Keeping up with our languages is tough. Ideally, we would live in an environment where we use them every day, have a language partner to practice with, or regularly listen to and read media from each language. When time or circumstances do not admit, at least for vocab and grammar brute force can also work: flashcards. For many years now, reviewing my flashcards has been as normal a daily part of my life as breakfast and email.
There are a bewildering number of flashcard applications out there. There are also growing number of increasingly elaborate online services which not only host collections of flashcards but provide an online environment for practicing them. Though this was rarely the case in early days, now almost all of them implement some sort of spaced repetition system (SRS) or interval study, which is the most basic and most important part of any long-term flash cards study. SRS applications space your reviews at increasing intervals of time so that you, ideally, only review cards that you are on the verge of forgetting.
After abandoning my own personal paper based system, and later abandoning software I designed to replace it, I’ve been watching the development in this field for over 10 years, and for a year or two I even wrote reviews of many of the new offerings. During this time I’ve come up with a set of basic principles that I think the strong applications stick too (looking back I would add a few). I also identified a number of common issues or simple flaws I see in a lot of flashcard applications over the years, including what I call the Flip fixation flaw, the Cookie Monster flaw and the Insatiability flaw.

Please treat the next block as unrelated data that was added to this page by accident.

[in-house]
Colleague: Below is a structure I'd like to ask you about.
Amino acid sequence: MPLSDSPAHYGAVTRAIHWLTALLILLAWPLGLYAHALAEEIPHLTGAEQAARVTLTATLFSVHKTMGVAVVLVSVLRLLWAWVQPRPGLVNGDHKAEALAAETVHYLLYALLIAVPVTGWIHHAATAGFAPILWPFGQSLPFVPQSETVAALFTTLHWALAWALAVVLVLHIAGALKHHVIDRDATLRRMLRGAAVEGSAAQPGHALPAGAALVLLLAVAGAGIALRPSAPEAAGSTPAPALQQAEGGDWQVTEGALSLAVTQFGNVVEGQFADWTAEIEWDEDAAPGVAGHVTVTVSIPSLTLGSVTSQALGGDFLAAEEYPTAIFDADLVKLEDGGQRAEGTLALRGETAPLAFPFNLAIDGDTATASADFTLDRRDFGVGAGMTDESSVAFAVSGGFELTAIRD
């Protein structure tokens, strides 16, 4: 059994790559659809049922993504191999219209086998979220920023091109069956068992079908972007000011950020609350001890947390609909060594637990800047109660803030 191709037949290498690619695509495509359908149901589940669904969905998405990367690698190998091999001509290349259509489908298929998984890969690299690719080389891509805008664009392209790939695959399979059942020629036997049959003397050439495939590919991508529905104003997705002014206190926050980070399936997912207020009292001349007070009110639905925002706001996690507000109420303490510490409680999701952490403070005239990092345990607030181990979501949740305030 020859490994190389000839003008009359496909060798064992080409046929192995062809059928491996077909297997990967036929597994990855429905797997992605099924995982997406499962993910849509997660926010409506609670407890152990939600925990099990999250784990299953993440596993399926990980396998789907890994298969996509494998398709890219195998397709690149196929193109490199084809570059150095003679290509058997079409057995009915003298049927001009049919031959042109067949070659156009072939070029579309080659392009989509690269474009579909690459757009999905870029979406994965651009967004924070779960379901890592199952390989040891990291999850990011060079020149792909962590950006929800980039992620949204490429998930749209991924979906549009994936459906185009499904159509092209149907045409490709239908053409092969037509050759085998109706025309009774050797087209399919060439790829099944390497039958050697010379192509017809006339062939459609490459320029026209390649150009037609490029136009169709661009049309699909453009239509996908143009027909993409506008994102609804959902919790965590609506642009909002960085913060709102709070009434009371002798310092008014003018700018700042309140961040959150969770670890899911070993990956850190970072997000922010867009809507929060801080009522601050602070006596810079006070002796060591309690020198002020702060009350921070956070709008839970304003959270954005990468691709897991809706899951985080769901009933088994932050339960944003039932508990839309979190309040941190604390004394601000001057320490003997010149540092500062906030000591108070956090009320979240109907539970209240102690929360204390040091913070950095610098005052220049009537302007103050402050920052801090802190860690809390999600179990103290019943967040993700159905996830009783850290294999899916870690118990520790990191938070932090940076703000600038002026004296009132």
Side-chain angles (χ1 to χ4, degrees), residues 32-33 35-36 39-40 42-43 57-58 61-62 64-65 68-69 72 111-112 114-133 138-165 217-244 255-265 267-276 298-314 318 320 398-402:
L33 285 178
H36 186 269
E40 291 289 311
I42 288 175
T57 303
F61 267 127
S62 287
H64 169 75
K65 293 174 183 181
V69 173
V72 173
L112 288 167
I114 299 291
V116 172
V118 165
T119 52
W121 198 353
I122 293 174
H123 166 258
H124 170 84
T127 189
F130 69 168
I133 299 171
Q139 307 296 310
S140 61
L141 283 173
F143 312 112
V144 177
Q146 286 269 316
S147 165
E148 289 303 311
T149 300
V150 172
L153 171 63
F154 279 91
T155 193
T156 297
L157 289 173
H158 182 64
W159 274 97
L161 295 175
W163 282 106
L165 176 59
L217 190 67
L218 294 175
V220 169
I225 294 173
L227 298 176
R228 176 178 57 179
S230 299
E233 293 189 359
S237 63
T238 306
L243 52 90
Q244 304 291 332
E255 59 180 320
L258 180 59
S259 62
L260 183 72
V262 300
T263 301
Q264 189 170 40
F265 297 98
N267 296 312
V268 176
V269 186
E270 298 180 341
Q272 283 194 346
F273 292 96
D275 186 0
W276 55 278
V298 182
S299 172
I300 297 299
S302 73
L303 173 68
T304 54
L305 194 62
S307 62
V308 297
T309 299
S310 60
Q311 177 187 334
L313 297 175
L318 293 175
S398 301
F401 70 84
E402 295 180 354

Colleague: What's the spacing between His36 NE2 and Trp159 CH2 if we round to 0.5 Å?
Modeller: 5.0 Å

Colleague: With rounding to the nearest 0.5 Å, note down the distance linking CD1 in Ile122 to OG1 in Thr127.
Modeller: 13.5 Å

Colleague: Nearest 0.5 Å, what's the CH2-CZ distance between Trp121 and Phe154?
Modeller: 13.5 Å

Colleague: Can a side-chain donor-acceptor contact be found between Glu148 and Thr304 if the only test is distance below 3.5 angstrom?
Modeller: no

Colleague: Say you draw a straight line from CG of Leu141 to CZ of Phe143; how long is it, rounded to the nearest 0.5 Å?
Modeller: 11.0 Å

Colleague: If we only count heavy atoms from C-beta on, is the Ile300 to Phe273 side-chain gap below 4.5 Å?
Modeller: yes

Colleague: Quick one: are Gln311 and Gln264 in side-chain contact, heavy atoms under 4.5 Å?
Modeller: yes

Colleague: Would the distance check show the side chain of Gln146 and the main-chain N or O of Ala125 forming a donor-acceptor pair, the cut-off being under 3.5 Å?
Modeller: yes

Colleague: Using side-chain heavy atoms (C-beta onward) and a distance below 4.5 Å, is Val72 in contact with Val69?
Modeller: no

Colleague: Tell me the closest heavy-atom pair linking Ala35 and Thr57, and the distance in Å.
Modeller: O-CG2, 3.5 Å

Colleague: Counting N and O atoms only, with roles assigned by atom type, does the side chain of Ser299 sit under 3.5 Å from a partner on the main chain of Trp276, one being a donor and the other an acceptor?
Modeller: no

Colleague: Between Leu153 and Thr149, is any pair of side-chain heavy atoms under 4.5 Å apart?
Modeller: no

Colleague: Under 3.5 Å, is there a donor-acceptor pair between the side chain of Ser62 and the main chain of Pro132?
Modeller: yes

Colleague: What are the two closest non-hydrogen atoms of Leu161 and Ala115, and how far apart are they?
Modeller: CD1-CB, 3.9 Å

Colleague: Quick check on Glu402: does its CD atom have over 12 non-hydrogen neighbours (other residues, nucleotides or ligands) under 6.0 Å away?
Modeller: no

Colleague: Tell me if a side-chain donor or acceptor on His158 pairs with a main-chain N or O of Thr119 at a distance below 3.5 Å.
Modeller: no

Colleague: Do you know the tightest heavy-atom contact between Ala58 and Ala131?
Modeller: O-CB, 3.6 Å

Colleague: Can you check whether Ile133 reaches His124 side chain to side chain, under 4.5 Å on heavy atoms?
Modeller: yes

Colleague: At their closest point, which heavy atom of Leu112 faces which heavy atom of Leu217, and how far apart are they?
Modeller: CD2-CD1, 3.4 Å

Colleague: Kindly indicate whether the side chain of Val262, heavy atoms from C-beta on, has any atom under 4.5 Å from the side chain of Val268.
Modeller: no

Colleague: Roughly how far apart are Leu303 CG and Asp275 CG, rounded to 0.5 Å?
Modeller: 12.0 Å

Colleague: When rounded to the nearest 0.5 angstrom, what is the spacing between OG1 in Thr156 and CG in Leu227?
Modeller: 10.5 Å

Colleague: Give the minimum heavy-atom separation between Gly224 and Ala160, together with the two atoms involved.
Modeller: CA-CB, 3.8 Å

There are now lots of good choices out there, some of which have paid great attention to visual aesthetics, rich web-based interfaces, or are backed by large flashcard depositories. However, the most powerful, flexible, and dependable long-term-use application I’ve come across for reviewing vocabulary and grammar is the open source application Anki, which I switched to only after watching the application evolve over the course of a year. It’s available for free and runs on Windows, Linux, and OS X. Anki has a rock solid spaced repetition system, complete data portability, server syncing, facts plus cards approach, support for multiple card models, and availability for various portable devices. After years of giving his software and its code away for free, the creator of the software has decided to charge a well-deserved price only for the native iPhone version of the application ($25, there is a more slow and limited but free web-based alternative). I now use it more regularly than any other application on my phone and iPad.
Does anyone else have a favorite spaced repetition flashcard application they have found robust for long term review?Return to Top